The Sexual Misconduct Task Force will assist Margolis Healy in making recommendations to President Chopp in order to strengthen and enhance the College's efforts to prevent sexual assault on campus, and advise the College in making immediate and long-term changes. Guided by the Task Force, the external review will broadly assess Swarthmore's sexual misconduct policies, staff resources, programs, support services, and judicial process.

In recent years, Swarthmore College and other institutions around the country have begun to actively address their sexual misconduct policies. Colleges and universities are adopting expanded approaches to the prevention of sexual abuse and to the support of those who experience any form of sexual misconduct.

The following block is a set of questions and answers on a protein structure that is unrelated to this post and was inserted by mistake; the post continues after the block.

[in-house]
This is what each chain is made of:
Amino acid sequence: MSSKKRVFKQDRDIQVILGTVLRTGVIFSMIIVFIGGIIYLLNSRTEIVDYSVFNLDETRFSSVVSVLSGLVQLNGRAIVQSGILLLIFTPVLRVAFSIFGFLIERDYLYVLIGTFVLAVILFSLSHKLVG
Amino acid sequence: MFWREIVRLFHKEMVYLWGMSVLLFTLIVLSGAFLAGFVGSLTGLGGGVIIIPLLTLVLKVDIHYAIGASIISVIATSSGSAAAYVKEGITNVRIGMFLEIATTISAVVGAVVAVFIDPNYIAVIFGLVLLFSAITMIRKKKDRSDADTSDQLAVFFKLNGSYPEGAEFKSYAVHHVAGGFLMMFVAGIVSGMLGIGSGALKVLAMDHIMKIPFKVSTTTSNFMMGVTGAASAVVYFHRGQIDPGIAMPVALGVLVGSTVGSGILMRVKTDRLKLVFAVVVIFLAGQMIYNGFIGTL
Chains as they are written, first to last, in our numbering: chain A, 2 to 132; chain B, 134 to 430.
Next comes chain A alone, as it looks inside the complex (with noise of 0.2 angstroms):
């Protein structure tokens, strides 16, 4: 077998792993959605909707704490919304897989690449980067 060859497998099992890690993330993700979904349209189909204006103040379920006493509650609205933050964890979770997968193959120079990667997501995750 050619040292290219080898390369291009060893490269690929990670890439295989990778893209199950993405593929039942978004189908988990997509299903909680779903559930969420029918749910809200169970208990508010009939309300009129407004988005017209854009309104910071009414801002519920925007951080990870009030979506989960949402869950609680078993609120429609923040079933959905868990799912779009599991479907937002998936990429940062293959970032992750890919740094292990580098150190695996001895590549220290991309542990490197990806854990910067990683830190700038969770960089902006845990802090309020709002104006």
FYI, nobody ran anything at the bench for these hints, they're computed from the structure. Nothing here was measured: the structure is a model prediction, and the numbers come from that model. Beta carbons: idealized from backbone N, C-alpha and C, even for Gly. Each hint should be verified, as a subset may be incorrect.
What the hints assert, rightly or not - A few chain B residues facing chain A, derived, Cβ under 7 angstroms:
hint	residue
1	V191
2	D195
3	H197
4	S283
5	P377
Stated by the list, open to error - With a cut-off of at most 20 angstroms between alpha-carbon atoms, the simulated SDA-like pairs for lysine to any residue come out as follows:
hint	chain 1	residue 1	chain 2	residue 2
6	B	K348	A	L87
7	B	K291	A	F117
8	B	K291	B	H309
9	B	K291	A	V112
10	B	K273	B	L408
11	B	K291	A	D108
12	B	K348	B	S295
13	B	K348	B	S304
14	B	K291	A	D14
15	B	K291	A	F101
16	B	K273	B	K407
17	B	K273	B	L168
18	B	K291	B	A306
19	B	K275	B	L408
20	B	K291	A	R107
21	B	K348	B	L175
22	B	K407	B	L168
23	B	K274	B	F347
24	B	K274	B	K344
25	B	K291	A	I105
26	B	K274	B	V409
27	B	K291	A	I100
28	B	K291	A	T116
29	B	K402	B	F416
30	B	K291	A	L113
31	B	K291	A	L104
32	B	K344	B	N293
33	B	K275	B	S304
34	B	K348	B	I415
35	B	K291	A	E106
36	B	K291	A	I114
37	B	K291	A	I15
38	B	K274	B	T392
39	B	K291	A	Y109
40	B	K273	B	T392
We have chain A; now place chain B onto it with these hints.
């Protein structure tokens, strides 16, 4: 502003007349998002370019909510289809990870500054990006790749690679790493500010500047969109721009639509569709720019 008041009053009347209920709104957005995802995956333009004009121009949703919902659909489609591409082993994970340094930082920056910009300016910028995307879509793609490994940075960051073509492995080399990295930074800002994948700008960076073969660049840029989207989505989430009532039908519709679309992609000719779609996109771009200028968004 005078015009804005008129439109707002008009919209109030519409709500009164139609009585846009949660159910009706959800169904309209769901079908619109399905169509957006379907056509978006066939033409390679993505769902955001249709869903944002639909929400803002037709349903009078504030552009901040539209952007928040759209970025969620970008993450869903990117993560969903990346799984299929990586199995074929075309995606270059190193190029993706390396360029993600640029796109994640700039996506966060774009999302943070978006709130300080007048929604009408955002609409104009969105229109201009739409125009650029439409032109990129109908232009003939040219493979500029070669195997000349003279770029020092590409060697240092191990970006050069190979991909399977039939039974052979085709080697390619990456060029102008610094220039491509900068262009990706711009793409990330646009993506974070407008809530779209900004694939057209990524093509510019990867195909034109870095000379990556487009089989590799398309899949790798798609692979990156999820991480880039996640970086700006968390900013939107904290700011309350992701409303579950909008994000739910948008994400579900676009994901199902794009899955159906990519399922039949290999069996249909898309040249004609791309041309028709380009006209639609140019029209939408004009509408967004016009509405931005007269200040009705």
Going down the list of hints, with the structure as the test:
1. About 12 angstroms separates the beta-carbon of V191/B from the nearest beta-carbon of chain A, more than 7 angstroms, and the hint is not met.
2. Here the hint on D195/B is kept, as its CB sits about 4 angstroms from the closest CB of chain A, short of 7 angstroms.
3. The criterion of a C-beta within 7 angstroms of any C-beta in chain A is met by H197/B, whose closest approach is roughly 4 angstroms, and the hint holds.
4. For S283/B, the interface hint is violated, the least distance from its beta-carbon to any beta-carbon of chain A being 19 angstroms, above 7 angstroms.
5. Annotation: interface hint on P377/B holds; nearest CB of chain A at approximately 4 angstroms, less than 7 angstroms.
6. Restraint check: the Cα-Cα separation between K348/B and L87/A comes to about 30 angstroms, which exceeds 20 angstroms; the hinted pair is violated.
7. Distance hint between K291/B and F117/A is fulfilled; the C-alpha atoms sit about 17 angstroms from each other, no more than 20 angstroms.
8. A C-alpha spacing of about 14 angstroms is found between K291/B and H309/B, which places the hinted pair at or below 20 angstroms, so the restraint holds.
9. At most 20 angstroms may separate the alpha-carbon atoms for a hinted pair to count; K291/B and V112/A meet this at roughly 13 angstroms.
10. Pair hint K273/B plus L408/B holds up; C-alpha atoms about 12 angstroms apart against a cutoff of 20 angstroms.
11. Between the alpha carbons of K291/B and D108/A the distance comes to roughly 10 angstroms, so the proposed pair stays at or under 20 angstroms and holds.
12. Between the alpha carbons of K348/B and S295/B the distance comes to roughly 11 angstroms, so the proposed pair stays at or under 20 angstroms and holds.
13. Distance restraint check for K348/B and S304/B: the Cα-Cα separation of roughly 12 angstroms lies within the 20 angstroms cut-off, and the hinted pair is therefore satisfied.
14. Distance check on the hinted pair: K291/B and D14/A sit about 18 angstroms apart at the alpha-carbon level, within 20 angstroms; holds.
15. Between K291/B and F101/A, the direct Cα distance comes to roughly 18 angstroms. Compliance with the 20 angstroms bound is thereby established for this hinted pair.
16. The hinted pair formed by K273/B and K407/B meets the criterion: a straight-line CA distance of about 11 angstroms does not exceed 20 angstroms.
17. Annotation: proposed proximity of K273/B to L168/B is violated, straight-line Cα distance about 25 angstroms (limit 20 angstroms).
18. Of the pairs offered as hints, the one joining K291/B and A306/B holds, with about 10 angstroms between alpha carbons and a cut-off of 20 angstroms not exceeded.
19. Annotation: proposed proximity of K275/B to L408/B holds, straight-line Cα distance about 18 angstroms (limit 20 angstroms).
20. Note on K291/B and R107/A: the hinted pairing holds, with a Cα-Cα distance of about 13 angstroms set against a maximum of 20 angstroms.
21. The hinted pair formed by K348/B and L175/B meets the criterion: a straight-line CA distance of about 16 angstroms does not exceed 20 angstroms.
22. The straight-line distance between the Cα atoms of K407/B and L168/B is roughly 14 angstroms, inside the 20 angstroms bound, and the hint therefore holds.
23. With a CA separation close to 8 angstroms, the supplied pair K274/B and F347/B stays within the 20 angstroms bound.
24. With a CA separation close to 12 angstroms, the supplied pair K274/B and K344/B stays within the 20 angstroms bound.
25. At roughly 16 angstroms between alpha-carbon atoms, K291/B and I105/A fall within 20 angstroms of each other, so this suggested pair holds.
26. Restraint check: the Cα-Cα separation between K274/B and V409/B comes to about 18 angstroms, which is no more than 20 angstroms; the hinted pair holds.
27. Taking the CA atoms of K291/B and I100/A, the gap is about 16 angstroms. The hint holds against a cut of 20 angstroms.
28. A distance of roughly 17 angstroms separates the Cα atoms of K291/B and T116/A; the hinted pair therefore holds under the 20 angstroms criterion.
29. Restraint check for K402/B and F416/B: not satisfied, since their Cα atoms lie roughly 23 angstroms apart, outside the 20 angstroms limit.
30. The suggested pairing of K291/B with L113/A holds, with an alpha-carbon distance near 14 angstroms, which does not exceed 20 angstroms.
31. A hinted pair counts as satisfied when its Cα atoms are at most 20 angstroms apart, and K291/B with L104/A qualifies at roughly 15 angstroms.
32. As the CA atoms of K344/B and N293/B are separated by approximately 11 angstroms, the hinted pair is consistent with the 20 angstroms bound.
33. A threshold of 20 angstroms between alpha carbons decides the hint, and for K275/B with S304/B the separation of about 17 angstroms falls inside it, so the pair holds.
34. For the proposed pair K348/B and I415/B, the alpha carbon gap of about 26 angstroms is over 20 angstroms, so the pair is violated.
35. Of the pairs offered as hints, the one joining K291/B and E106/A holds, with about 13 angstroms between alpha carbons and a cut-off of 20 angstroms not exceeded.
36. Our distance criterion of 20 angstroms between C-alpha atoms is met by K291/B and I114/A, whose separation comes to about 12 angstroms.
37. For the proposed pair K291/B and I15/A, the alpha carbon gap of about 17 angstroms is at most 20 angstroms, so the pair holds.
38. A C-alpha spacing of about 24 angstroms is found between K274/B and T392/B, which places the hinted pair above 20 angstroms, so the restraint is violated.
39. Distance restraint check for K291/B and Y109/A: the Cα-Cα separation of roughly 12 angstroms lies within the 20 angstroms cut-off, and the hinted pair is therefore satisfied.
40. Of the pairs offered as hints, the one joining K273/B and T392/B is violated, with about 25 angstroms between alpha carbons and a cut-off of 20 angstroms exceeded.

At the same time, students at college campuses across the country are advocating for change in prevention and in support of survivors. As has been reported in the news, two Swarthmore students filed a Department of Education (DOE) complaint on April 17, alleging that the College underreports sexual misconduct on campus and discourages victims/survivors from reporting. The students last week announced that they have also filed a complaint against the College with the Department of Education Office for Civil Rights for Title IX violations. The College has not received copies of the complaints and cannot comment on them.